New 'Gateway' Doc Offers A Familiar Look At The Opioid Crisis
Every day, more than 130 Americans die after overdosing on opioids. The new documentary Gateway, from director Dana Richie, explores this crisis through the lens of three families of addicts whose reliance on opioids began when they were prescribed the medication by their doctors to manage pain after surgery. The film examines how routine surgeries are an often-overlooked contributor to the nation's opioid epidemic.
According to the documentary, the pathway from pain prescription to full-on addiction can be fast and easy; the film notes, 80% of heroin users started out on opioids. As a result, some doctors are choosing to forego opioids altogether, opting for other types of pain management.
"What [Gateway] represents is doctors being more thoughtful when it comes to how they prescribe [opioids]," Richie tells Bustle. "Because we do show the dangers that can happen if it gets in the wrong hands or if they're prescribed to someone who potentially could go down that path."
Gateway marks Richie's documentary directorial debut and quickly morphed from a patient testimonial campaign for an alternative pain medication to a doc diving deeper into those patients lives. "Everything that came out of the interviews was extremely emotional and very authentic," she says. "We felt that the stories just needed to be as long as they needed to be, and if it turned into a documentary then that's fine."
Those patient testimonials include Jen Wysong, a mother whose post-C-section pain management plan led her to addiction. After suffering through years of drug abuse and setbacks, Wysong has now been clean for three years, and works as a peer support counselor at the same treatment facility that supported her journey to sobriety.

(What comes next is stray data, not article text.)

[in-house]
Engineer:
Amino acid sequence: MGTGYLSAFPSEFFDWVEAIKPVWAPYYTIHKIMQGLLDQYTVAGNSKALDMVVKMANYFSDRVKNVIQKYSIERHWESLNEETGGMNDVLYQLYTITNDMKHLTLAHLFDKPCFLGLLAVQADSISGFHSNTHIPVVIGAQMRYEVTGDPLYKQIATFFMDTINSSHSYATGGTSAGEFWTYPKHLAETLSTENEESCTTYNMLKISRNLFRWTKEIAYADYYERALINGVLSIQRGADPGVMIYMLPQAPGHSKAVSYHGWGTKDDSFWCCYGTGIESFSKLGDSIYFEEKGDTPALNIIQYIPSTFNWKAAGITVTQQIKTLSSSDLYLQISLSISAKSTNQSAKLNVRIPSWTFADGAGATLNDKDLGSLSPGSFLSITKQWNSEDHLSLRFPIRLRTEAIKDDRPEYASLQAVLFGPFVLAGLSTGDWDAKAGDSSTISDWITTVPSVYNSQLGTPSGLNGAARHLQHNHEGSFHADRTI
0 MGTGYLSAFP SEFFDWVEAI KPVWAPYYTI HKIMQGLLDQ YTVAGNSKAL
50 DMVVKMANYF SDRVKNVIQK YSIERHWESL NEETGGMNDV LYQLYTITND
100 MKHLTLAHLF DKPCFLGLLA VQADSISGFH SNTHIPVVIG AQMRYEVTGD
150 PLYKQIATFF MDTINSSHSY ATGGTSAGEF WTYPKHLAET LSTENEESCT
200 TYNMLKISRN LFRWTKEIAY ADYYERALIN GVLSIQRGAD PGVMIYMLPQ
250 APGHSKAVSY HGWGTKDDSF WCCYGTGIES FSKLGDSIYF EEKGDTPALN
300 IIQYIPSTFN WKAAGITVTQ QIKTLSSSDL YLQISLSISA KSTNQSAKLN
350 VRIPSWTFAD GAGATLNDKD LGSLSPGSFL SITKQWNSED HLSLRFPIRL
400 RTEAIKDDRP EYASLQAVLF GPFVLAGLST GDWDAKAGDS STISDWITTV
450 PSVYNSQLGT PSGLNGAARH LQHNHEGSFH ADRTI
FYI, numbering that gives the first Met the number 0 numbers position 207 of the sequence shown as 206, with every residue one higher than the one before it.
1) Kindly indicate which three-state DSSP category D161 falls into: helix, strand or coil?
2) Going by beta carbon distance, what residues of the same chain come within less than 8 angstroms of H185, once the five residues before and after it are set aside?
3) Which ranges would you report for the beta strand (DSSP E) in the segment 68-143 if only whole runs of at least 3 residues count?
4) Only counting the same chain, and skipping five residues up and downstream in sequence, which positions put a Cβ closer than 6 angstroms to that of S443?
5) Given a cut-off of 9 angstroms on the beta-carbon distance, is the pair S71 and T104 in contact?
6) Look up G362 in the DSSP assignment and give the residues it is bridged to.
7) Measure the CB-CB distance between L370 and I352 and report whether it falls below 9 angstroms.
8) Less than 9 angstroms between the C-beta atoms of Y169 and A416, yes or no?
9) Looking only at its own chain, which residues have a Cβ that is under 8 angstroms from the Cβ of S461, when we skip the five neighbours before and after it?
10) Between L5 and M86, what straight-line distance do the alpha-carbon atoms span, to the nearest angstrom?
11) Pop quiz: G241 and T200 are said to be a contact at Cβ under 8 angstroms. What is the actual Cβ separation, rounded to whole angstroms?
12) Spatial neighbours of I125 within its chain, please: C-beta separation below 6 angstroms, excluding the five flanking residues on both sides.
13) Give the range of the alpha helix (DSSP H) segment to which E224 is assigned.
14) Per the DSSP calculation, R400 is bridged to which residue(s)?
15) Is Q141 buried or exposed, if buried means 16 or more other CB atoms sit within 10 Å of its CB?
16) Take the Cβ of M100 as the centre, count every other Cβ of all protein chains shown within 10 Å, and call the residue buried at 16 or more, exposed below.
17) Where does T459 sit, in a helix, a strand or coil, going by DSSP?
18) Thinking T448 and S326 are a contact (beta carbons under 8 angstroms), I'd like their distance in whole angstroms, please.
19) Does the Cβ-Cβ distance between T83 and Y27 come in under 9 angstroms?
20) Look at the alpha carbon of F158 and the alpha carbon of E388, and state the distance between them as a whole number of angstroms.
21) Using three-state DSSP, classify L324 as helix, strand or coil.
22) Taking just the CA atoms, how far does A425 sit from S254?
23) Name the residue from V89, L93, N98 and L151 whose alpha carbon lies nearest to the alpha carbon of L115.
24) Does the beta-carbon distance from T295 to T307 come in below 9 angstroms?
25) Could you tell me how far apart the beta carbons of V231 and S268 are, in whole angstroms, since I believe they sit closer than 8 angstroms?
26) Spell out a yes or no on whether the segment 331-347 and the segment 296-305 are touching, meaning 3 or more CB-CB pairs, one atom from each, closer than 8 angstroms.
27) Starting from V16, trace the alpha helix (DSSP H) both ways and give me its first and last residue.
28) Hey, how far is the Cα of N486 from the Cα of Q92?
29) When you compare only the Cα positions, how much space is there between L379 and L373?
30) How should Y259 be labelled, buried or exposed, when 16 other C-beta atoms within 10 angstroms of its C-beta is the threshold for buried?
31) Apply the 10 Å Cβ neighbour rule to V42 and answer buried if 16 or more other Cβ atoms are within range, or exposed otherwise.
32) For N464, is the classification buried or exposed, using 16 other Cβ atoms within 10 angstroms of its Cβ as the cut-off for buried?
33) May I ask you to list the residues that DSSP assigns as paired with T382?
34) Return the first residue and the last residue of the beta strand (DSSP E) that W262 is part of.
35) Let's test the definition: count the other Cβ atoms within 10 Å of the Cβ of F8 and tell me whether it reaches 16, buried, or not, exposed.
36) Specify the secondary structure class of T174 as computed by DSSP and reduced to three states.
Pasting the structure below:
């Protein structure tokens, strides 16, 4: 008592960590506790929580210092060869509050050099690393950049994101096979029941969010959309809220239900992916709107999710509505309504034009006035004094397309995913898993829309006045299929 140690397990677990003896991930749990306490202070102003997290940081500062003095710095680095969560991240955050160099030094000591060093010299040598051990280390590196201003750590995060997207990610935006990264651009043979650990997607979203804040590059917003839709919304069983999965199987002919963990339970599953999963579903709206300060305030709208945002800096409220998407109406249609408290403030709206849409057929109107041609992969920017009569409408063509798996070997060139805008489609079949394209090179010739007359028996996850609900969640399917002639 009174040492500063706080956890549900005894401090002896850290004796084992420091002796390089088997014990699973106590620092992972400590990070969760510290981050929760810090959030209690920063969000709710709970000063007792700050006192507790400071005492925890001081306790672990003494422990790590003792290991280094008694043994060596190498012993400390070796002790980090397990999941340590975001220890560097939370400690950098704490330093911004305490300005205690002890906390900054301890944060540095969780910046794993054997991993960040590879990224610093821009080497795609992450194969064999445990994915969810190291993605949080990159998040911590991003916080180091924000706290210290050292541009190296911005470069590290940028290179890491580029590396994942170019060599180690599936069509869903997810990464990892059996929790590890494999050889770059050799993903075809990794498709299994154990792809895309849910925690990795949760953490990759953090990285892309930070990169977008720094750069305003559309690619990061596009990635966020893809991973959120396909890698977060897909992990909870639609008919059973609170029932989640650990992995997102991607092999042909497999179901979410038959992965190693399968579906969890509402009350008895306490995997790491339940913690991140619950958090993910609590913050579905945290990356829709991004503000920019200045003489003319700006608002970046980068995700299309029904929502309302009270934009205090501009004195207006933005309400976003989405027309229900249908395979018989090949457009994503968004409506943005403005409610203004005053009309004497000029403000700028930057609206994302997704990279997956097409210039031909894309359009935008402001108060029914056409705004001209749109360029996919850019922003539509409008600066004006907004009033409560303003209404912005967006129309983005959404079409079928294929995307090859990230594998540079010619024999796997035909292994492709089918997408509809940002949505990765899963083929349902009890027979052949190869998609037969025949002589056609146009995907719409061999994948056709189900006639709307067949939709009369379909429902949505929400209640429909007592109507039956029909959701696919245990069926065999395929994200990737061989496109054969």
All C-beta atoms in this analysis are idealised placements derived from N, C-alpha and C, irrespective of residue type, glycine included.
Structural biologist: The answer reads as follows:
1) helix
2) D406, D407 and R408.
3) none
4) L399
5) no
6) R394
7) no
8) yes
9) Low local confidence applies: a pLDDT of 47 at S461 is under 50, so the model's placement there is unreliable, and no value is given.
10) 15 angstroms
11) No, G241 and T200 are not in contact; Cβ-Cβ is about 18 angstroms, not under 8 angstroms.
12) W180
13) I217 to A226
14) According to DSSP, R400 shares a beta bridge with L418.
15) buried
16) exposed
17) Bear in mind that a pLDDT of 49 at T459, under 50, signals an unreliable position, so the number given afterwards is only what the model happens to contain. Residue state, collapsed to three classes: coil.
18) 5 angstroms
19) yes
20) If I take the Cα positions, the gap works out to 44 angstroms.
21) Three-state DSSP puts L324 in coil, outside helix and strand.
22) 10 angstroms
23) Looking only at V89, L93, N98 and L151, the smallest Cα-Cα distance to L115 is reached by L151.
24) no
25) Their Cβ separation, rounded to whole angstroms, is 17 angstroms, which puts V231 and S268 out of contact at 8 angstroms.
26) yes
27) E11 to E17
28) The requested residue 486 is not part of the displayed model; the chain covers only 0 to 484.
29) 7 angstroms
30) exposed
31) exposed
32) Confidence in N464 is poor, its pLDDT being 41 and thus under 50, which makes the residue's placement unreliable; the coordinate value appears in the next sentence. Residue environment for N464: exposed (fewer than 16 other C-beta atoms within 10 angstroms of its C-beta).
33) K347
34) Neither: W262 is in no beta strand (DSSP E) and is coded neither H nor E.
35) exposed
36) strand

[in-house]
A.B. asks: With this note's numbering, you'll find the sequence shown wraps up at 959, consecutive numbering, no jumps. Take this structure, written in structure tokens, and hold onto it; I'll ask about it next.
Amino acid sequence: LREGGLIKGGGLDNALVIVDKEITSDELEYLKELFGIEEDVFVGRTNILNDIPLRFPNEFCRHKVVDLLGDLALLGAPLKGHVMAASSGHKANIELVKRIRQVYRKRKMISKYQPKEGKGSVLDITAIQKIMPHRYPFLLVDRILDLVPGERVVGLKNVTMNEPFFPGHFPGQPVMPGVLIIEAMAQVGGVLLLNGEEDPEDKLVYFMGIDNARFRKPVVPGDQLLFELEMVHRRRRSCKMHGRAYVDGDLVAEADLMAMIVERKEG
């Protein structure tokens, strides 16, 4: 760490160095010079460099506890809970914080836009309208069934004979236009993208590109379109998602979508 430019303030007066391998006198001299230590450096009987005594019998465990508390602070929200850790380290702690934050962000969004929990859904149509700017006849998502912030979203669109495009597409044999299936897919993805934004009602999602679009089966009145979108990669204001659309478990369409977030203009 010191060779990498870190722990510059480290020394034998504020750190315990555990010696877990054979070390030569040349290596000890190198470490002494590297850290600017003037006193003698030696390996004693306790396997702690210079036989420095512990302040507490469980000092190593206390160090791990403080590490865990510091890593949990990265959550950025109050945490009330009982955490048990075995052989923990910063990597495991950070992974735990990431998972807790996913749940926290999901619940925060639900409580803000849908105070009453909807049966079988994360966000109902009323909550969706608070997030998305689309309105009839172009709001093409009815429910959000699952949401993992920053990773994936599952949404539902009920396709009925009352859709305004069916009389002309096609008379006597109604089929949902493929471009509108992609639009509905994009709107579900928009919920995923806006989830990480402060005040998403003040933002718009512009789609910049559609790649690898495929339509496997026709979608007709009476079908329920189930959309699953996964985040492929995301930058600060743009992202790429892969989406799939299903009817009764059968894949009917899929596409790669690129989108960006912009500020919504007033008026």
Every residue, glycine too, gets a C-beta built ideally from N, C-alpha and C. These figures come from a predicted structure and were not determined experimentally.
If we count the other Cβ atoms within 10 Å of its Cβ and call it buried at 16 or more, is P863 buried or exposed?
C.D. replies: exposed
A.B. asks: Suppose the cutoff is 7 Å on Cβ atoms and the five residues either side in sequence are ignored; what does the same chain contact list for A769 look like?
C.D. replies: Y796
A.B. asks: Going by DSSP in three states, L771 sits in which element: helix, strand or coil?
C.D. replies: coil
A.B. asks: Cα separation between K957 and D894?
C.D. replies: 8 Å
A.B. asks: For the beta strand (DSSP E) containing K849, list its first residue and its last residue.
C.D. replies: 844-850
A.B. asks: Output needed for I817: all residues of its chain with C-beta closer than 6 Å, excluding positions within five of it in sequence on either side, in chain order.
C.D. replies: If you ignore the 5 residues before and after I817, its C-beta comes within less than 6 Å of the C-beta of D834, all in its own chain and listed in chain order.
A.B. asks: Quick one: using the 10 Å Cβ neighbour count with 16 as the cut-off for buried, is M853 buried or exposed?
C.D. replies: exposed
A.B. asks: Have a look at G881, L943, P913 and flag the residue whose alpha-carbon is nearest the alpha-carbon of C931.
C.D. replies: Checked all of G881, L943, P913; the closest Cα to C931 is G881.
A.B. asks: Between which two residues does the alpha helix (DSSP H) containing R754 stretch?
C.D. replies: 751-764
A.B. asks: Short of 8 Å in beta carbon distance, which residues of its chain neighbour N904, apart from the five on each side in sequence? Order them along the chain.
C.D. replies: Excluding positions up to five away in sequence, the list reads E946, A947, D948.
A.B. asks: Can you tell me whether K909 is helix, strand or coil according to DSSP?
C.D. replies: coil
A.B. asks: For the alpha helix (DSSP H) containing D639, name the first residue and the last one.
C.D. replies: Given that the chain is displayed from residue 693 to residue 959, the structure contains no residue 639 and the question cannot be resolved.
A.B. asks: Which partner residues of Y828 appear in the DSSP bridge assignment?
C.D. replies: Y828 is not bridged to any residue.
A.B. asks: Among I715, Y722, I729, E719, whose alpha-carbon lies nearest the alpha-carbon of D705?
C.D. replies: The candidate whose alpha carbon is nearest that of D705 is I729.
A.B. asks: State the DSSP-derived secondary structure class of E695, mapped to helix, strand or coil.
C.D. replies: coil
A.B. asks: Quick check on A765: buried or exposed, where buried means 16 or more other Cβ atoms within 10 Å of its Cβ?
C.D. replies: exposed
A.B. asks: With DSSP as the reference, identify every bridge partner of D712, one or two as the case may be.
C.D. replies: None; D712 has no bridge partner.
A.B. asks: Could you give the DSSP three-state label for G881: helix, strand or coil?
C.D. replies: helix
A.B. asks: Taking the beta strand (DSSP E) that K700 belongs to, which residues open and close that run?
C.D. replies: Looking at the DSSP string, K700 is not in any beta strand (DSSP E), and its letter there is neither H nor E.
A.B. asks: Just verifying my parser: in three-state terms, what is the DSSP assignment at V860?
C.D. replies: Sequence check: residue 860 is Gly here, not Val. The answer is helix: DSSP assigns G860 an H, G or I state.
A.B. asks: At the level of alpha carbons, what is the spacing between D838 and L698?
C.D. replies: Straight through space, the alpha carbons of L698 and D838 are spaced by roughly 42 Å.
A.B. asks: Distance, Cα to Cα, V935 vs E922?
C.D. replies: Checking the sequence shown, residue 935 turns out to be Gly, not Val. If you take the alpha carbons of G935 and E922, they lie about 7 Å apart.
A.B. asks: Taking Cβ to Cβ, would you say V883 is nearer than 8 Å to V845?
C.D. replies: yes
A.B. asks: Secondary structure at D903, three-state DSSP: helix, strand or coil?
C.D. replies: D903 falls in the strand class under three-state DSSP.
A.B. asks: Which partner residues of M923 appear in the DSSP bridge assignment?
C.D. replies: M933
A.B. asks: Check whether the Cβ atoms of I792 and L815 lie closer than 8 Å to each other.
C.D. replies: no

Richie was also able to sit in on the peer group Wysong runs at the treatment facility. "Listening to their stories, opening up about their struggles and what their lives are like; these are all amazing women who for whatever reason, found themselves in that situation," she says.
One of the more heartbreaking stories in Gateway is that of Jennifer Weiss-Burke, whose son Cameron became addicted to opioids after a number of surgeries related to his devotion to sports. Cameron died of an overdose at 18-years-old, and his mother has since opened a recovery center for adolescents in his name in Albuquerque, New Mexico.
"She took this tragedy and was able to turn it around. Through helping others in the youth recovery center. I think it helped her feel like she's making a difference in their lives and also helped her heal too," Richie says of Weiss-Burke.
Since premiering in 2019, Gateway has won Best Director and Best Documentary Featurette from the Festigious Film Festival, as well as Best Documentary Feature from the LA Movie Awards. But for Richie, it's about the film's impact, not the awards. "The more people that talk about [opioid addiction] and the more we share this information, the more we have awareness, which will ultimately lead to prevention. The more voices we hear, the more united we become, the more we can help to eradicate this epidemic," she says.